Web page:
When it comes to sexually exploiting children, no punishment is too harsh
By Matthew Gagnon
Nine thousand, seven hundred and ninety-five.
That’s how many votes separated Eliot Cutler from the governor’s mansion in 2010. In truth, though, the election was even closer than that because if you had found a way to turn votes for Paul LePage into votes for Cutler, it would have only taken 4,898 votes changing for Cutler to have won.
For most of the past decade-plus, I didn’t think of that prospect as all that terrifying. After all, while Cutler was very much on the center-left of American politics, he actually cut a somewhat reformist, moderately conservative profile on fiscal issues. If LePage was going to lose, losing to him wouldn’t have really been that much of a catastrophe, I thought.
That is, until the news broke Friday that Cutler had been arrested on four felony counts of possessing sexually explicit material involving a child under the age of 12. After seeing that, the prospect of Cutler having won that election grew a great deal darker, and more sinister.
To say “I didn’t see that coming” would be an understatement and a sentiment that is shared with most Maine political observers. I’ve known Cutler for years, and always kind of liked the guy. He was smart, accessible, interesting, eager to wade into the depth of policy debates, and had a somewhat gruff personality. I always detected a somewhat ruthless edge to him that might have made me believe he could maybe find himself embroiled in some kind of white-collar corporate or legal shenanigans, but certainly nothing like this.
Let that be a lesson to all of us, though. You can never truly know anyone, particularly in the world of politics, and those with the darkest secrets are often remarkably good at hiding them.
While the presumption of innocence is an important part of our judicial system and our society, in my opinion, the facts as we know them seem to point to Cutler’s guilt. District Attorney Matthew Foster told the Bangor Daily News that police heard Cutler tell his wife Melanie that child pornography would be found on at least one device at his home.
We do not know how long and to what degree this alleged criminal behavior may have been an issue. Statistics regarding child sexual exploitation show how often “first offenders” are picked up on charges like these. According to the United States Sentencing Commission, 72.9 percent of child sex abuse imagery offenders in 2020 had little or no prior criminal history.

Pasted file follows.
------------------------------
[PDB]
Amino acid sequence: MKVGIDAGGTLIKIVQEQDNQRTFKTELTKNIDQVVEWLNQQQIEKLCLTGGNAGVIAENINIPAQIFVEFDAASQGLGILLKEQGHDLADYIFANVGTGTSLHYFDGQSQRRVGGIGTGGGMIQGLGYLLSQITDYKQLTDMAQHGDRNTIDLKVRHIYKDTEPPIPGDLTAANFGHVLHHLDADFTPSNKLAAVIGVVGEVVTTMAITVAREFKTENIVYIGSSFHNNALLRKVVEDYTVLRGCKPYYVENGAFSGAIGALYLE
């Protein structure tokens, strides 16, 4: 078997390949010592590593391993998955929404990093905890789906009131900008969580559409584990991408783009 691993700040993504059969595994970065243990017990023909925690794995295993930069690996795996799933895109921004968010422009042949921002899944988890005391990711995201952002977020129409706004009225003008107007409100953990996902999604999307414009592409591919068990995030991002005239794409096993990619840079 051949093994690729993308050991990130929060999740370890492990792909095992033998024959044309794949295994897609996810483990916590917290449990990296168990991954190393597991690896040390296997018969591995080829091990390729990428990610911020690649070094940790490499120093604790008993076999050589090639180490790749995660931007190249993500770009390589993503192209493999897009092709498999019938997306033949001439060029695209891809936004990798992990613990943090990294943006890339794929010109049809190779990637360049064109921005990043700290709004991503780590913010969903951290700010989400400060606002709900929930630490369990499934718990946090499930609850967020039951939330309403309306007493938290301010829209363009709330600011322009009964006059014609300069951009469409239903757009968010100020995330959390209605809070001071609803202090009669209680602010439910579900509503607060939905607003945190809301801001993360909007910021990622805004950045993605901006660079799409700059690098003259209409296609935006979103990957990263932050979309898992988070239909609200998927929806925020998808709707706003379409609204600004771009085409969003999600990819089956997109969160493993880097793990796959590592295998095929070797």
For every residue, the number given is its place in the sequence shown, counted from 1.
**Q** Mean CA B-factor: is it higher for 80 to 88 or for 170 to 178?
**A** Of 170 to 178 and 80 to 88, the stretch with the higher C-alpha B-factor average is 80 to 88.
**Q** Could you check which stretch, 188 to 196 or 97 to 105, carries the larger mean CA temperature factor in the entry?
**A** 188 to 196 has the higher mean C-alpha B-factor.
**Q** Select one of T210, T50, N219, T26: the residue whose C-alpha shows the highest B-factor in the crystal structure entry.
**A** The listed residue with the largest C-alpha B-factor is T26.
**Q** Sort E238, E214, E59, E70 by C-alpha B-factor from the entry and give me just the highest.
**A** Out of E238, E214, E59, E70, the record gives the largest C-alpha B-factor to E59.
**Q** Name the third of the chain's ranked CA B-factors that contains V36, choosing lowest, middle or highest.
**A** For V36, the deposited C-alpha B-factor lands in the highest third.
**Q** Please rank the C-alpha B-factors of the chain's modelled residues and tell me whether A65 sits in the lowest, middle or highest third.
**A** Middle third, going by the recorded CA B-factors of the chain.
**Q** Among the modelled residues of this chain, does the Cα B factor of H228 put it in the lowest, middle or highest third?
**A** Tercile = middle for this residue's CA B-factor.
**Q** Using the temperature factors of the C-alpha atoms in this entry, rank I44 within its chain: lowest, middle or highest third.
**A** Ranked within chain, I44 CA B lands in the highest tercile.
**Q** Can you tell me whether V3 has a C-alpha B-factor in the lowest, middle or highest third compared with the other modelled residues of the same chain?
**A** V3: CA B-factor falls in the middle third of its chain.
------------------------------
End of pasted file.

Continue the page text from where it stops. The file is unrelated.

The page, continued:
This unknown is particularly frightening to consider in Cutler’s case given his immense personal wealth and power, being a prominent and well-known attorney. Worse, though, is to consider what could have been possible if he is guilty and had been elected governor in 2010. The level of access and authority he would have had at his disposal could have caused tremendous harm, again, if he is guilty.
What was most remarkable about Cutler’s arrest, though, was that it took place the same week that President Joe Biden’s nominee to the Supreme Court, Ketanji Brown Jackson, was answering questions related to sentencing in child sex abuse imagery cases. In one remarkable exchange, Sen. Lindsey Graham asked Jackson about her record on sentencing, after which she defended herself on the grounds that the law does little to differentiate the severity of offenses in the age of the internet.
“With one click you can receive, you can distribute tens of thousands [of images],” Jackson said. “You can be doing this for 15 minutes and all of a sudden, you are looking at 30, 40, 50 years in prison,’ she said.”
“Good,” answered Graham. “I hope you go to jail for 50 years if you’re on the internet trolling for images of children and sexual exploitation.”
A sentiment most Americans would agree with, and one that most Mainers I know would also agree with. First time? Fifteen minutes looking? Just a few images?
Doesn’t matter to me. Does it matter to you? When it comes from sexually exploiting children and consuming the product of their abuse, is any punishment too harsh?
Gagnon of Yarmouth is the chief executive officer of the Maine Policy Institute, a free market policy think tank based in Portland. A Hampden native, he previously served as a senior strategist for the Republican Governors Association in Washington, D.C.